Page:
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Better Buy: BCE (TSX:BCE) or Shopify (TSX:SHOP)?

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After a big move in the stock this week, Shopify (TSX:SHOP)(NYSE:SHOP) recently surpassed a $56 billion market capitalization, putting it in the top 10 most valuable companies in Canada.

The company it knocked out of the top 10 was none other than BCE (TSX:BCE)(NYSE:BCE), one of Canada’s oldest and most mature companies.

These two companies couldn’t be more different. One is an unprofitable growth machine, with a demonstrated record of growing revenue by at least 50% per year for a number of years now. The other is as boring as it gets, barely increasing revenue each year while it pays out fat dividends to investors.

Yet there’s an argument for having each stock in your portfolio. Let’s take a closer look at each to determine which one you should be buying today.


Shopify is perhaps Canada’s top growth stock. Bulls don’t see that growth slowing down either.

Shopify’s core business is connecting retailers with customers through the internet. The company creates tools that let entrepreneurs easily create their own website, process payments, manage inventory, and get their products listed with other top retailers. Its platform powers some 500,000 websites and is quite affordable for an entrepreneur just starting their online business.

Not content to stop there, the company has announced some interesting expansion efforts of late. It now offers financing programs for small businesses, a fulfillment network that will use regional warehouses to lower shipping costs for merchants, and point-of-sale software to help brick-and-mortar retailers manage their businesses.

As CEO Tobi Lütke puts it, “it should be easier than ever to start a business, but entrepreneurship is still too hard. Our job is to keep innovating on behalf of entrepreneurs so they can compete in an ever-changing retail landscape.”

There’s just one problem: Shopify’s stock is incredibly expensive. The company essentially breaks even, and it’s likely serious profitability is still years away. This translates into Shopify being a sentiment stock. As long as sentiment is good, shares should keep marching higher. But if sentiment turns, look out below.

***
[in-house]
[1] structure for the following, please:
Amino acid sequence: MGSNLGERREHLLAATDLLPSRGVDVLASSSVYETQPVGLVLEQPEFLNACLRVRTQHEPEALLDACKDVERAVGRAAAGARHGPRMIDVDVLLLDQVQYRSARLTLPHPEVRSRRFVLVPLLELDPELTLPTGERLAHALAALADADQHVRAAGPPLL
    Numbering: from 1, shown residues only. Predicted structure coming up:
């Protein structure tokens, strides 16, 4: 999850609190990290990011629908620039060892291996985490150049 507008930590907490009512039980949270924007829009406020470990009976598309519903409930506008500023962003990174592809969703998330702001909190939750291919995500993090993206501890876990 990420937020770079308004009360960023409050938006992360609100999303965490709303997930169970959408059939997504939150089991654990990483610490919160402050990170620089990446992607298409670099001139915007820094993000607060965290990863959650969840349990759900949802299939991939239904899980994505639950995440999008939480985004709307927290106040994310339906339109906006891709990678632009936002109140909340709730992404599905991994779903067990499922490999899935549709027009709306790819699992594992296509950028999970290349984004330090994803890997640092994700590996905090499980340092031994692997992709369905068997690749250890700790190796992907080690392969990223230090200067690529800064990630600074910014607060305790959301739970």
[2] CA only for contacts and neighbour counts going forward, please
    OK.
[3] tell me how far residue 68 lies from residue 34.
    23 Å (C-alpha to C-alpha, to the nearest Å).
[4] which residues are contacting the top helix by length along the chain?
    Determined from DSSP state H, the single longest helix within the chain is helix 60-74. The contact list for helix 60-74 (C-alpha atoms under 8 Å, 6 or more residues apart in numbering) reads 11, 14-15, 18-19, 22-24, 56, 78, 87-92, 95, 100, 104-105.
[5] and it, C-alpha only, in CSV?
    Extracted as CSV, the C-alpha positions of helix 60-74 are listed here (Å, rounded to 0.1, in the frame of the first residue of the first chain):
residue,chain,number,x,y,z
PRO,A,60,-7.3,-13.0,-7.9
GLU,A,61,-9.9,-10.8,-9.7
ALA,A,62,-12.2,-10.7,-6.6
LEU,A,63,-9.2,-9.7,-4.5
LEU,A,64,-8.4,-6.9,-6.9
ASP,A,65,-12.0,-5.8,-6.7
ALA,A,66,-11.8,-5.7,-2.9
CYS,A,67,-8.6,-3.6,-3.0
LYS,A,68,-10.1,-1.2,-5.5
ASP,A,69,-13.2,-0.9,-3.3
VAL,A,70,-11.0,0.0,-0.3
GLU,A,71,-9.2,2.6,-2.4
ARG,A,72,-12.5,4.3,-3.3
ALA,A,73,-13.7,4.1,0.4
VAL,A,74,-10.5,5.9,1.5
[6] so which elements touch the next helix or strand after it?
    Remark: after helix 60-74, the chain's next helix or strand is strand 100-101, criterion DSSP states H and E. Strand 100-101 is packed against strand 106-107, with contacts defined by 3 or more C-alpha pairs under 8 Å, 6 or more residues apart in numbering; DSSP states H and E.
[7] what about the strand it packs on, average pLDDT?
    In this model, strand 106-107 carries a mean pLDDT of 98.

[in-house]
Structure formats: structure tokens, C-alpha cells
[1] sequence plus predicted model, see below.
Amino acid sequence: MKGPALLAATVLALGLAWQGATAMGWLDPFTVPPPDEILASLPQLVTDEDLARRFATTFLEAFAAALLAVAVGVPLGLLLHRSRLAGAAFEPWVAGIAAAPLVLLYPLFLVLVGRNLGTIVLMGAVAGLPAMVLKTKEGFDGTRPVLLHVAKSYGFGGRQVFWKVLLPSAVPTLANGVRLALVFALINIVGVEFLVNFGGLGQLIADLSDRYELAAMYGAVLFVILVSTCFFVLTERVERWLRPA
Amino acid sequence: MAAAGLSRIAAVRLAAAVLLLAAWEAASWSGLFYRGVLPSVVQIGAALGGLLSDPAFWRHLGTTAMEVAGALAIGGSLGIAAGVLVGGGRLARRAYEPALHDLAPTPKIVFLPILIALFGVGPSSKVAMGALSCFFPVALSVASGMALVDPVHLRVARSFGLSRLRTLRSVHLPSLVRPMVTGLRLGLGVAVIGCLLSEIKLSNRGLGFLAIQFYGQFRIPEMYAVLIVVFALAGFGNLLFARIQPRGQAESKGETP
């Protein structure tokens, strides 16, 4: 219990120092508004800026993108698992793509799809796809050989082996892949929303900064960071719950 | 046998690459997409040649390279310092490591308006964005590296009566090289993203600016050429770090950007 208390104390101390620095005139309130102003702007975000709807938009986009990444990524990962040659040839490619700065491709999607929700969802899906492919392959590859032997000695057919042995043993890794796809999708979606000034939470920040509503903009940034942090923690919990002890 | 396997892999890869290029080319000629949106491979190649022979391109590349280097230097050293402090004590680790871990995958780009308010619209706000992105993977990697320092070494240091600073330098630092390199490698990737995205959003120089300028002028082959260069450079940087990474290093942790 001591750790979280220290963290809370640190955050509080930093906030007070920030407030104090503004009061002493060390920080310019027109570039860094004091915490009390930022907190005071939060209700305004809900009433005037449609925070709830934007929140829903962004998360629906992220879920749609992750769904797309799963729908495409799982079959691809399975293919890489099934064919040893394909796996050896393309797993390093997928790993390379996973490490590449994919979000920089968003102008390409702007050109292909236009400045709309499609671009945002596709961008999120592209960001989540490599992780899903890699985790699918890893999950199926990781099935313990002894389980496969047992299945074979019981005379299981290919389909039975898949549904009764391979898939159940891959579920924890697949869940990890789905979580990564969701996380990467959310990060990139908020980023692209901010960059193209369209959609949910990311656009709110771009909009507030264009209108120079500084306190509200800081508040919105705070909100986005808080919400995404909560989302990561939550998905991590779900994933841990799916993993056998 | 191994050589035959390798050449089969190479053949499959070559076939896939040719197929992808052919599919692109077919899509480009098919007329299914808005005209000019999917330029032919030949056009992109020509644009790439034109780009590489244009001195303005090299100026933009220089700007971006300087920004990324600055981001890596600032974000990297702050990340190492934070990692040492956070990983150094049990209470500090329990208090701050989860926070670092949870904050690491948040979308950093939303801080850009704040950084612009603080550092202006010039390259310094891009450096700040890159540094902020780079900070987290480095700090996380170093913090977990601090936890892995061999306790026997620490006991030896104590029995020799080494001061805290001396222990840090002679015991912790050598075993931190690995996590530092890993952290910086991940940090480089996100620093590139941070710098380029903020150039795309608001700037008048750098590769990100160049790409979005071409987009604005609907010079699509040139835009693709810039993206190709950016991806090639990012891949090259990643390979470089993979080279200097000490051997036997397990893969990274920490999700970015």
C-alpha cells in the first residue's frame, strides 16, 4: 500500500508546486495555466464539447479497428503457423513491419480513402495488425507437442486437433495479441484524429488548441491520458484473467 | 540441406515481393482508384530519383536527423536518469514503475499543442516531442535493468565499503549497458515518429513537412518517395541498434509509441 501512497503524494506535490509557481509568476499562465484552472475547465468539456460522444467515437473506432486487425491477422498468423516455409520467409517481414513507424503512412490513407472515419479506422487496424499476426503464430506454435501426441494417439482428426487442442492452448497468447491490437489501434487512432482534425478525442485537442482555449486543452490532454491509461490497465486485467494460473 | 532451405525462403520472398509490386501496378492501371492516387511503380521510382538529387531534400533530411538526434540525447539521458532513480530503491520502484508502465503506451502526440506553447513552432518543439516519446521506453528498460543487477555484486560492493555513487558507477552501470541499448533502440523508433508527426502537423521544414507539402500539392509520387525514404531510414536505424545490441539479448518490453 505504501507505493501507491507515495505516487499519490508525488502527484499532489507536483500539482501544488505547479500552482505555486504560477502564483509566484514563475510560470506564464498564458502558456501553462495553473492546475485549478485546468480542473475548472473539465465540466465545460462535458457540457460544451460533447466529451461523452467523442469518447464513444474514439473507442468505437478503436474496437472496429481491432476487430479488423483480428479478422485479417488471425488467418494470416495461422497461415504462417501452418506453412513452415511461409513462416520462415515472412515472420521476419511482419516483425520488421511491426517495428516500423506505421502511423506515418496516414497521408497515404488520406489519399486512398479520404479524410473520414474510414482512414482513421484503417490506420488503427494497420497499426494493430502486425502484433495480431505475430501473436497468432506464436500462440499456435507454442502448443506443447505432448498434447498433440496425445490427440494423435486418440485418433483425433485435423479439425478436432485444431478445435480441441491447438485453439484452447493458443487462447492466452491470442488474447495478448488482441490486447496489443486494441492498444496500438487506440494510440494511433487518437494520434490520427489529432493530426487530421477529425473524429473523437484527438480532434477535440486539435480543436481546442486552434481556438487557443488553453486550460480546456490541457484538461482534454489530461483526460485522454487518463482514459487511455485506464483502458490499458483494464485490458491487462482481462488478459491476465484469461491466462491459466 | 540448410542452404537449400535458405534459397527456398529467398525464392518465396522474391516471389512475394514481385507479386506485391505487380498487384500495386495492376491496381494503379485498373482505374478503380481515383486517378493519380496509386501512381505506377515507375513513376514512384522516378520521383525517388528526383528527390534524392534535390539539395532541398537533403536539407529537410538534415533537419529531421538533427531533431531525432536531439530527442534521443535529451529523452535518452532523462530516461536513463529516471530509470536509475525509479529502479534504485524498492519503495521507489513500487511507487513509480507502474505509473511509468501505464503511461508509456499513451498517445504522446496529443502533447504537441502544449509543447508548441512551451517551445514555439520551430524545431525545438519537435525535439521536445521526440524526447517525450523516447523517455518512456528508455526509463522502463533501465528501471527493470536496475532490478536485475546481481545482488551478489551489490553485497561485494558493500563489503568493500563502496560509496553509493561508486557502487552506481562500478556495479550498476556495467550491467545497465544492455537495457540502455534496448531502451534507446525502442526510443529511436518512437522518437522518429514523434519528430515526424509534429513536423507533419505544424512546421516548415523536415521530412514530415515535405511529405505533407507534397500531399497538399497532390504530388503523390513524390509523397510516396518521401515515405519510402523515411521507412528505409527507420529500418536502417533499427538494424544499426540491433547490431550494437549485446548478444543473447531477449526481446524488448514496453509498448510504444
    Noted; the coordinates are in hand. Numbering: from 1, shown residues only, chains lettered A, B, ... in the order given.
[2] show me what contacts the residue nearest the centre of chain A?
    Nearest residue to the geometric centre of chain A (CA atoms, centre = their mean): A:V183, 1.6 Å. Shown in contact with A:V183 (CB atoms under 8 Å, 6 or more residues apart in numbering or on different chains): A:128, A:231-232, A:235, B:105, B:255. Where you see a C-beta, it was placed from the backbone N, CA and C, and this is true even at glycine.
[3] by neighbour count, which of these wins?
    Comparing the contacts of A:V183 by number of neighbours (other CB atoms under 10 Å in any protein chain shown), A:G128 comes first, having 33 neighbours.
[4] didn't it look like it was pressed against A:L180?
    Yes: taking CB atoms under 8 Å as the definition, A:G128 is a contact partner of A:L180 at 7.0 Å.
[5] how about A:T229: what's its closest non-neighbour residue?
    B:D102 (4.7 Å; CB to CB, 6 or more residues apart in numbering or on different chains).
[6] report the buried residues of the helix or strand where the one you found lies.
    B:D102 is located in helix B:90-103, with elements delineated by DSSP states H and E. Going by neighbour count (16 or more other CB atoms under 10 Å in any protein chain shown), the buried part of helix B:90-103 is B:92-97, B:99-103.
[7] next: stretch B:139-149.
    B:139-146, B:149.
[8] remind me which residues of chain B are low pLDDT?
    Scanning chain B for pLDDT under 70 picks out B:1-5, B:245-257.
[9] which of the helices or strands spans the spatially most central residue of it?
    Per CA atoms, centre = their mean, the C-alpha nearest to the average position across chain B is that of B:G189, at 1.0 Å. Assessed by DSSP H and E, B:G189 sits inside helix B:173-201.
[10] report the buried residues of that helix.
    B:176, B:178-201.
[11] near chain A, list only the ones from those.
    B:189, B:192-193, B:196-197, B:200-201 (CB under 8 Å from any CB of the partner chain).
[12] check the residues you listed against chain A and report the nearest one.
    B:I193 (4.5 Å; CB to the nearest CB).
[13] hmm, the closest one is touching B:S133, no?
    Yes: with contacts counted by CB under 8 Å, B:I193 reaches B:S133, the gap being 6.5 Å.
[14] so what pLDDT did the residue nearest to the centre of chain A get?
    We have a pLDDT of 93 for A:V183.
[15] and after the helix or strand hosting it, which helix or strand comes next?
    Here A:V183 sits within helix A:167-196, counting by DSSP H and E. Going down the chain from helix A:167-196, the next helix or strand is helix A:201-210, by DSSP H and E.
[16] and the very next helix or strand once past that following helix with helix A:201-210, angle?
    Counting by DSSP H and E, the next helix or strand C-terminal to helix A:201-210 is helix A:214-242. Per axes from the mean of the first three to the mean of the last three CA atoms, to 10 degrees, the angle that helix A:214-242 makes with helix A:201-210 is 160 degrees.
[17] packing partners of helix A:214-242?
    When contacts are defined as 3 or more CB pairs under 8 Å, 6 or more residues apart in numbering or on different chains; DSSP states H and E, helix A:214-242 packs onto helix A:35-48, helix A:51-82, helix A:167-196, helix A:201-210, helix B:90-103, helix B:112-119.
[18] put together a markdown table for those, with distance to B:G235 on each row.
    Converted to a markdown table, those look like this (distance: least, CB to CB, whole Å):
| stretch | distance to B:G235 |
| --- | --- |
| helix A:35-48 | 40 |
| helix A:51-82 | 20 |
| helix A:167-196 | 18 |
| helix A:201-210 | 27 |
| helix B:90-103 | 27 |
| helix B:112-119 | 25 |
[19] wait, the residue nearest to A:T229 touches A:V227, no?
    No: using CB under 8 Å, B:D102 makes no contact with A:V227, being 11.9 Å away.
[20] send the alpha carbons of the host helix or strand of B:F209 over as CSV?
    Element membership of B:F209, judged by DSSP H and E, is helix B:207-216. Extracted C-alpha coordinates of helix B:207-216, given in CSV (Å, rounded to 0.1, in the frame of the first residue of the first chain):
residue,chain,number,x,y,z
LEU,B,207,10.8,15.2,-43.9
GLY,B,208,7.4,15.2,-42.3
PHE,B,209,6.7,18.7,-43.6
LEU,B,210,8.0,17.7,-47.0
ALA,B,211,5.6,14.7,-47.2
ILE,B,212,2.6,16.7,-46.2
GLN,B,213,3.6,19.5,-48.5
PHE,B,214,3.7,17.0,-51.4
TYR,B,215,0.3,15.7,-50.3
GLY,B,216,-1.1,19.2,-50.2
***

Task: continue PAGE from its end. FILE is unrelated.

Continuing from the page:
Deep down, BCE and Shopify sort of do the same thing — just for different groups of customers. Shopify connects retailers with customers. BCE connects everyone with everything online. Both specialize in bringing people together over the internet.

The big difference is, BCE’s business is much more mature than Shopify’s. But that doesn’t mean the provider of wireless, television, internet, and home phone services is just content to sit back and process monthly payments from its many customers. It is investing in the next wave of technology, like upgrading wireless data speeds from 4G to 5G.

Ultimately, BCE’s version of connecting people is incredibly profitable. The company is projected to earn $3.55 per share in profits in 2019, with the bottom line increasing to $3.74 per share in 2020. It must invest into the future of its business, but free cash flow is consistently robust. And since the company is a big player in a mature market, it’s able to ensure steady — albeit unspectacular — growth by slowly raising rates to customers.

For many BCE investors, the whole reason to put cash into the company is for the stock’s generous 5.1% dividend. BCE has delivered a history of consistent dividend growth, and investors should be able to expect 5% annual raises in the payout over the long term.

Which should you buy?

Shopify offers the better long-term return potential. But it also comes with much more risk. If the company’s growth numbers start to disappoint, investors could move en masse to the next big thing. This could translate into a 30-50% loss virtually overnight.

BCE shares are not going to double over the short term. But the stock offers the potential for 8-10% annual returns over the long term with only a minimal chance of a big short-term decline. It’s the choice for boring investors who are willing to sacrifice some potential returns for more predictable results.

Personally, I’m a BCE man. I admire Shopify’s growth, but I don’t want to be anywhere near that stock when the market falls out of love with it.

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Fool contributor Nelson Smith owns shares of BCE INC. Tom Gardner owns shares of Shopify. The Motley Fool owns shares of Shopify and Shopify. Shopify is a recommendation of Stock Advisor Canada.

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